The average price of a home in Vancouver has shot up 13 percent over the last year and now tops $780,000. Even as home prices fall in most major U.S. cities, housing in tony San Marino, Calif., has shrugged off the financial crisis to reach a record high last year. Demand for real estate in Melbourne and other Australian coastal cities is up.
The link? Well-heeled Chinese home buyers are increasingly shopping abroad, pushing up prices in real estate markets around the world. Evidence of the trend:
“We think that in a relatively short period of time and in a way that is measurable, Chinese buyers are going to account for something on the order of 10-20 percent of the London market,” said Gerald Allison, a director at global real estate agency DTZ in London.
“The Chinese are my most important clients now,” said Cindy Chan, chairman of AGC Property Centre Pty Ltd, Sun’s property agent in Australia. “The number is growing very fast.”
Chinese have overtaken Malaysians as the second-largest overseas buyers in Singapore’s residential market, despite the Singaporean government introducing measures aimed at cooling down the market.
One factor driving Chinese home buyers to think globally — rising real estate costs at home. The average house in Beijing runs $300 per square foot, or roughly what you might pay in many Western cities. Interest rates also are rising in China, as the government tries to cool the racing economy. Measures aimed at discouraging speculation, such as a restriction barring people from owning more than two properties, is also spurring real estate investors to consider foreign markets.
San Marino: Recession-proof
Vancouver’s natural splendor, good schools and large Asian-speaking community are a particular draw for wealthy Chinese. That has helped make the city the hottest real estate market in Canada, even as home resales around the country remain generally flat. Prices for an ordinary two-story house in the city are up 10 percent this year, to $1.1 million.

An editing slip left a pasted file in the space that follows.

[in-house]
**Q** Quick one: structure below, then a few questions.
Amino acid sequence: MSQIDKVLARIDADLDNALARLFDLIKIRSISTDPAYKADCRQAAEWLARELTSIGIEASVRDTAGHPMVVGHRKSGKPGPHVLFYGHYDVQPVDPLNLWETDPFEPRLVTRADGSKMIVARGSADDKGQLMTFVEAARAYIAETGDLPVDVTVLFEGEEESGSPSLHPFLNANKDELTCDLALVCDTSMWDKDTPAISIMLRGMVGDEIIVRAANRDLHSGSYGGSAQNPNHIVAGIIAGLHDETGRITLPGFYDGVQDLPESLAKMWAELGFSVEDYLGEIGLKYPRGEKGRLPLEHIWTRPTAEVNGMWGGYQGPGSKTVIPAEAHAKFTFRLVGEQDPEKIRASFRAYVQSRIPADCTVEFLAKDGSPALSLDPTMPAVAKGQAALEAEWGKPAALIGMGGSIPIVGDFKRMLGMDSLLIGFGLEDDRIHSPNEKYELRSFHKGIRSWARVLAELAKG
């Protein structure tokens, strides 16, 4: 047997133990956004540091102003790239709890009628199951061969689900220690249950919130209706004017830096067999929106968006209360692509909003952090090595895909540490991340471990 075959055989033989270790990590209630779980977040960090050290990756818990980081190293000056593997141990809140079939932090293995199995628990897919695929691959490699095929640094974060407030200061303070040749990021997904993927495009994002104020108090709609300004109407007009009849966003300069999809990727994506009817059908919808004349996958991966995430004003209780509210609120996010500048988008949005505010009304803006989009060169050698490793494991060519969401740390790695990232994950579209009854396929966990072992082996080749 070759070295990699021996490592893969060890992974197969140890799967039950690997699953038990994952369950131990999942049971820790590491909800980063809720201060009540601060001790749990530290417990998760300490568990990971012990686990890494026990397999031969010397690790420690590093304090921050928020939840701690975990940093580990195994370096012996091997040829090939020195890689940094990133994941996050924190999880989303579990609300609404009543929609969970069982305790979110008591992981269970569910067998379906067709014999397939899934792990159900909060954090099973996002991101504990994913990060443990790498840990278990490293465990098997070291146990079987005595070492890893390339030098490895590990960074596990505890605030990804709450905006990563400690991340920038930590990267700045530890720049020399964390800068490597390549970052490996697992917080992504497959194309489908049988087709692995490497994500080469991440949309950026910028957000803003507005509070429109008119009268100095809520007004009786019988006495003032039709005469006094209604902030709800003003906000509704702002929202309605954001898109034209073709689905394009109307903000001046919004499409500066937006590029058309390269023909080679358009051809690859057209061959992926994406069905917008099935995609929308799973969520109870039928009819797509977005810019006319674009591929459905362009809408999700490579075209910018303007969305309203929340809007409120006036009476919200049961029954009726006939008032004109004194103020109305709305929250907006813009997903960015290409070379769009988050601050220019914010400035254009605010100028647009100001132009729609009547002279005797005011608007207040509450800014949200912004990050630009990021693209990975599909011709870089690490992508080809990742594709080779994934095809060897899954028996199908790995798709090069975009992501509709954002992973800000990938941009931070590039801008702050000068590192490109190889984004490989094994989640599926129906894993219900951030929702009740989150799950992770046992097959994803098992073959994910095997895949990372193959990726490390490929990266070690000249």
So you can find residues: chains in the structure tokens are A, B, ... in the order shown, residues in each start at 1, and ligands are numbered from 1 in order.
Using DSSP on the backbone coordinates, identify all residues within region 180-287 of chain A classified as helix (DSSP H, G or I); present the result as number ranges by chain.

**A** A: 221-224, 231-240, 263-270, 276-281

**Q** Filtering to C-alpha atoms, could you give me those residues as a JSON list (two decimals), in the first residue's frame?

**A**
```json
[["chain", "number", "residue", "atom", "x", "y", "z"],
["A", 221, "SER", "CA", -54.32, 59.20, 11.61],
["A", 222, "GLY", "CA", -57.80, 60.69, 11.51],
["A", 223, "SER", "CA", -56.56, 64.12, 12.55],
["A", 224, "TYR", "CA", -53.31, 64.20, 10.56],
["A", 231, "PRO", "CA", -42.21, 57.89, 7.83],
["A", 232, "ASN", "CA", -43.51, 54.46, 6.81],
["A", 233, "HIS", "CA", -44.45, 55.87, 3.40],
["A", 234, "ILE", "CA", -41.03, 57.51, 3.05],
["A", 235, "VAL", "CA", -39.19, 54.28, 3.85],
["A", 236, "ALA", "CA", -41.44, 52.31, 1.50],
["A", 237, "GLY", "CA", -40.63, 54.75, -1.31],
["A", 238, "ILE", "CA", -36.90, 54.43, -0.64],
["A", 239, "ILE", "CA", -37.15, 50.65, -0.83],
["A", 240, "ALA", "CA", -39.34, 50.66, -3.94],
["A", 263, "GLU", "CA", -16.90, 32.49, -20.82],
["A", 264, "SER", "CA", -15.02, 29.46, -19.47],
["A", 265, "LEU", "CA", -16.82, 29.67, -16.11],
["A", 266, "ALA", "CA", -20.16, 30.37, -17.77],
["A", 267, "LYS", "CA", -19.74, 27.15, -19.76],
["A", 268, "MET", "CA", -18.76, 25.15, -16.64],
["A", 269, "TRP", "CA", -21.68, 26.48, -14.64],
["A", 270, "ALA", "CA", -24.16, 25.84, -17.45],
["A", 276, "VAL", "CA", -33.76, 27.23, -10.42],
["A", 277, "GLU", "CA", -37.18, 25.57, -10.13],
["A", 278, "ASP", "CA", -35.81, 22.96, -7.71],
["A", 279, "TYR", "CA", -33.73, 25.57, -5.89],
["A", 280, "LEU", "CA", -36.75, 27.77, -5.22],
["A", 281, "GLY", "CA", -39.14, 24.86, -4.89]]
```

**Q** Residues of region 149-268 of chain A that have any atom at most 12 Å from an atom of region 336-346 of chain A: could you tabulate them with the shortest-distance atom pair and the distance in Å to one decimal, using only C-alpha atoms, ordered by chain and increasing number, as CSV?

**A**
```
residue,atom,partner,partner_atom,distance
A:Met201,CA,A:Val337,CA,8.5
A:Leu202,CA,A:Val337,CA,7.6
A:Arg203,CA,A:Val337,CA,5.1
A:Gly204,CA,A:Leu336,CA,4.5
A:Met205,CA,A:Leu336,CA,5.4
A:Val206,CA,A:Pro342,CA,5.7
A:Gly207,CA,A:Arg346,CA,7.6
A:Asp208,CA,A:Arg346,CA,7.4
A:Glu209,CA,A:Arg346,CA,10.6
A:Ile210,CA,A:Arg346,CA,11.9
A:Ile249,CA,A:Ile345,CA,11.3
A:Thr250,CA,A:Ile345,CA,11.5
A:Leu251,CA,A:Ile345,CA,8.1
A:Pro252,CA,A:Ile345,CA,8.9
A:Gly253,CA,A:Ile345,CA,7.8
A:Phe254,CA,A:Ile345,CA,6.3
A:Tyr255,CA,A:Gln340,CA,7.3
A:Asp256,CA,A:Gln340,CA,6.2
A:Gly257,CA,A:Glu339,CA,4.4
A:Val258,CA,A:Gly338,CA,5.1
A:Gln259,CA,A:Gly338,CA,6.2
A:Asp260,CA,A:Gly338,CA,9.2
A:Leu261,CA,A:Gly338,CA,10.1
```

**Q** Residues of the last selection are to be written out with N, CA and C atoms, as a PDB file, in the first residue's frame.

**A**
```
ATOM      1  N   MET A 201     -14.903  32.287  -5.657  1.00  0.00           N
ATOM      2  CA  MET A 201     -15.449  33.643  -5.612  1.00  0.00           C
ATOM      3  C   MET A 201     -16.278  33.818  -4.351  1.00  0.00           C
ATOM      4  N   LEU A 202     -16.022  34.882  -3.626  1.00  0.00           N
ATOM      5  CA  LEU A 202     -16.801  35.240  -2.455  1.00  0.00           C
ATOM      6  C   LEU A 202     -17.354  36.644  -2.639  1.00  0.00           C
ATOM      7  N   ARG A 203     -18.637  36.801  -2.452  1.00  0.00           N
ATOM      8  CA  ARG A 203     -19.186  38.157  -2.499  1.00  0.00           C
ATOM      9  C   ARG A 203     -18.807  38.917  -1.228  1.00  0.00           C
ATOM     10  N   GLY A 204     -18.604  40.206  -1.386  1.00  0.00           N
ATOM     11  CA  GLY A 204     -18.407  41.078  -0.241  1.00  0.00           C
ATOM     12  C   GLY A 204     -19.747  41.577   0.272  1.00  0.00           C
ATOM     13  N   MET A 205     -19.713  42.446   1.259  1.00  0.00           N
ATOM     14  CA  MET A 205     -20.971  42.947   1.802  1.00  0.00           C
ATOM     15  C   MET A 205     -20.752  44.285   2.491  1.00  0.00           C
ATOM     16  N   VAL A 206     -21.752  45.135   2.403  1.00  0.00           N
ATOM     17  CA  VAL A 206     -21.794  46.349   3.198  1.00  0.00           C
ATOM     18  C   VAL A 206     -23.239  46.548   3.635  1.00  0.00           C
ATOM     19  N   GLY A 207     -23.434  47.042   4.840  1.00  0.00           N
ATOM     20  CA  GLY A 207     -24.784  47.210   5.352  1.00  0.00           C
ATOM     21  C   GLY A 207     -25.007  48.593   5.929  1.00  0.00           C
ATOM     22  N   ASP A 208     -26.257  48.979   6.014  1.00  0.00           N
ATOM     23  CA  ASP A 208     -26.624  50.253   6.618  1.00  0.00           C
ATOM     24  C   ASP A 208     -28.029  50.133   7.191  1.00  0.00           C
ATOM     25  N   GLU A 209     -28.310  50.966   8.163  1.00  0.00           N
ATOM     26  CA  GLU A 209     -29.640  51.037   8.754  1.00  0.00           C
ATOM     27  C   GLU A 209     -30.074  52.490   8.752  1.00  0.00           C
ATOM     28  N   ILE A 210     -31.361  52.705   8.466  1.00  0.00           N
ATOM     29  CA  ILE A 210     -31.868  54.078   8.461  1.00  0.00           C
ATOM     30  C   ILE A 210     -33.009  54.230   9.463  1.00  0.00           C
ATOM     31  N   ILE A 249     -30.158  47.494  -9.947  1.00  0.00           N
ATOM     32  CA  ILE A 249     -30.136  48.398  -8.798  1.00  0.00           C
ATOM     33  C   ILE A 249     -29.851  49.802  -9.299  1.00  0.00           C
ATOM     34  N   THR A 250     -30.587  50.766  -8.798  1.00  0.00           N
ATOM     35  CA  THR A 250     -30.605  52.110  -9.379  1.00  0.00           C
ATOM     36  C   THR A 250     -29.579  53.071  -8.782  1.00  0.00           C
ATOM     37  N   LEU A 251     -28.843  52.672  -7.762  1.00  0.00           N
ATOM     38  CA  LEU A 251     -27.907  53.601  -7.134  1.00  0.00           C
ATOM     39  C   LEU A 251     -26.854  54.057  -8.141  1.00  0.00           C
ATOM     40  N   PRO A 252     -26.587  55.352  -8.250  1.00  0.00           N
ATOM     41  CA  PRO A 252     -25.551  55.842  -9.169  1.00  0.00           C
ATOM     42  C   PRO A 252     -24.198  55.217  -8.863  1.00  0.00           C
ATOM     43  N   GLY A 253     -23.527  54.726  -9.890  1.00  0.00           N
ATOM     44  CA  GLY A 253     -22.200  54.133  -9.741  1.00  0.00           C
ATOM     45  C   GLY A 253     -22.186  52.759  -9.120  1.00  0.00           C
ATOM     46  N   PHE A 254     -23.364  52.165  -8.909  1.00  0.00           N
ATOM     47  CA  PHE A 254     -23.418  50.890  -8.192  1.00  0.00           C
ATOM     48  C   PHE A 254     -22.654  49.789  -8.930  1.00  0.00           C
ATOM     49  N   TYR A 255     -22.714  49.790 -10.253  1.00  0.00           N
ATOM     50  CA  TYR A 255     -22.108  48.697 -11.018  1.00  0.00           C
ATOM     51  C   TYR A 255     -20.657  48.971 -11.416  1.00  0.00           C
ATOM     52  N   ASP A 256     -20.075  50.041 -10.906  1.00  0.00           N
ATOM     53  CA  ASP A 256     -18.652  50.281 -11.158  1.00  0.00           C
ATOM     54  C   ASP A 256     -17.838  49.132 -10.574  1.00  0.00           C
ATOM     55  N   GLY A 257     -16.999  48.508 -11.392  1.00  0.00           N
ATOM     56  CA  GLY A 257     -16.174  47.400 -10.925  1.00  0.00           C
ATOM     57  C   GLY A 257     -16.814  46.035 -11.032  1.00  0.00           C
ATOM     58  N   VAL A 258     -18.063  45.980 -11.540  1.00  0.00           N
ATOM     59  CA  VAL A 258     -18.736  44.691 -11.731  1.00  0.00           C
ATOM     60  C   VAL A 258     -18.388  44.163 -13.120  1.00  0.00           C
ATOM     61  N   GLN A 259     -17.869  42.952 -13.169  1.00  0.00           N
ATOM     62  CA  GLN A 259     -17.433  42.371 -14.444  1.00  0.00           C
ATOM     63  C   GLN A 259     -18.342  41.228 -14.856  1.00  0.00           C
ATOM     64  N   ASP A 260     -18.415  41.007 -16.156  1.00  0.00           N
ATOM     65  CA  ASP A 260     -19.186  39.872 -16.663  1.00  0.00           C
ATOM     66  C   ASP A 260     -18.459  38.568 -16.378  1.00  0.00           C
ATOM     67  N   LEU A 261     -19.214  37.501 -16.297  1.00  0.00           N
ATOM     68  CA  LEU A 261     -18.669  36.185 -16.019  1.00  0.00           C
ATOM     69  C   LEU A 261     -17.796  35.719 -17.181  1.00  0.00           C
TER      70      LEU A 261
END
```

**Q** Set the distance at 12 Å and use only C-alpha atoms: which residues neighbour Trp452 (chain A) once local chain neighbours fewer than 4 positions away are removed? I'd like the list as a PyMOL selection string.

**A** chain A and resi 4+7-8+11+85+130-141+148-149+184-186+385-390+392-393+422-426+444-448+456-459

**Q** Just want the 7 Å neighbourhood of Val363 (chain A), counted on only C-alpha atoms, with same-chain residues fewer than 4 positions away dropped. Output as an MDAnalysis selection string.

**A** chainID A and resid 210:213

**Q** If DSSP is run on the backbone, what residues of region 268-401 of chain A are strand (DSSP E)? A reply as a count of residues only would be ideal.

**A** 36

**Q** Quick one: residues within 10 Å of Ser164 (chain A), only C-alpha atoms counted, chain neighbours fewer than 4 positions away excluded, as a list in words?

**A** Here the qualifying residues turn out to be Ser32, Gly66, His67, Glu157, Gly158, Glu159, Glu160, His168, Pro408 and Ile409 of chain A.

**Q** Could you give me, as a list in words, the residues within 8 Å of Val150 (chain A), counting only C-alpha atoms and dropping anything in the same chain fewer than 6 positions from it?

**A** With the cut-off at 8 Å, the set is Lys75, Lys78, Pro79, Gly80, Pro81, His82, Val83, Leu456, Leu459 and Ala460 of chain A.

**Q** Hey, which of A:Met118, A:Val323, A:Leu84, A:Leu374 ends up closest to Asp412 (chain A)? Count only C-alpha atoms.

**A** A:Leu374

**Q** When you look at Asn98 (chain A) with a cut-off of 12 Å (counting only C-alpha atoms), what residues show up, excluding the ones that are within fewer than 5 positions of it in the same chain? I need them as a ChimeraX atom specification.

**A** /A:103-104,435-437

In Southern California’s San Gabriel Valley, meanwhile, small, upwardly mobile San Marino is the only affluent community in the region where housing prices haven’t fallen. That owes partly to Chinese investors and home buyers, local real estate agents say:
“If you go to mainland China and someone asks, ‘Where do you live?,’ San Marino represents that you are wealthy,” said YanYan Zhang, a real estate agent whose clients include overseas buyers looking for homes here.
The surge in Chinese customers hasn’t been lost on realtors. For instance, Los Angeles-based CB Richard Ellis (CBG) offers services specifically geared to helping Asian buyers shop for homes abroad. Agents in China are also setting up tours of foreign cities for Chinese investors keen to scout overseas real estate.
Take note, Federal Reserve
China’s global real estate binge obviously makes for a stark contrast to the plunging prices and tide of foreclosures here in the U.S. And some observers will interpret it as yet one more indication that China is set to surpass the U.S. as the world’s leading economic power, as the International Monetary Fund predicted this week.
But perhaps even more striking than this economic reversal of fortune is how much more aggressive Chinese financial authorities have been in trying to puncture their housing bubble than the Federal Reserve was in the years leading up to the financial crisis.
Beijing vs. the housing bubble
China has the benefit of witnessing the carnage in the U.S., of course. But there’s no questioning how aggressively Beijing has moved to rein in its galloping real estate market, where prices have risen upwards of 50 percent since 2009. Its central bank has raised interest rates four times since last fall, while in January the required down payment on second homes was increased to 60 percent. Some cities also are raising property taxes. Meanwhile, China is taking precautions for when the bubble pops, including repeatedly lifting banks’ reserve requirements in recent months.
Despite these measures, there’s no guarantee that China’s landing will be a soft one. Some market analysts foresee an increase in bad loans, and the credit rating agency Fitch puts the odds of a full-blown banking crisis in China at better than 50-50. The kind of political unrest sweeping the Middle East also could flare in the People’s Republic, where economic empowerment may eventually prove incompatible with dictatorship.
As a result, it’s uncertain how long the real estate booms in Vancouver, San Marino and other cities fueled by the influx of Chinese buyers will last. Inflation these days — and financial bubbles — travel as comfortably from East to West as in the other direction. As China will learn, home prices don’t always go up.
By Alain Sherter | April 27, 2011 THE CBC INTERACTIVE BUSINESS NETWORK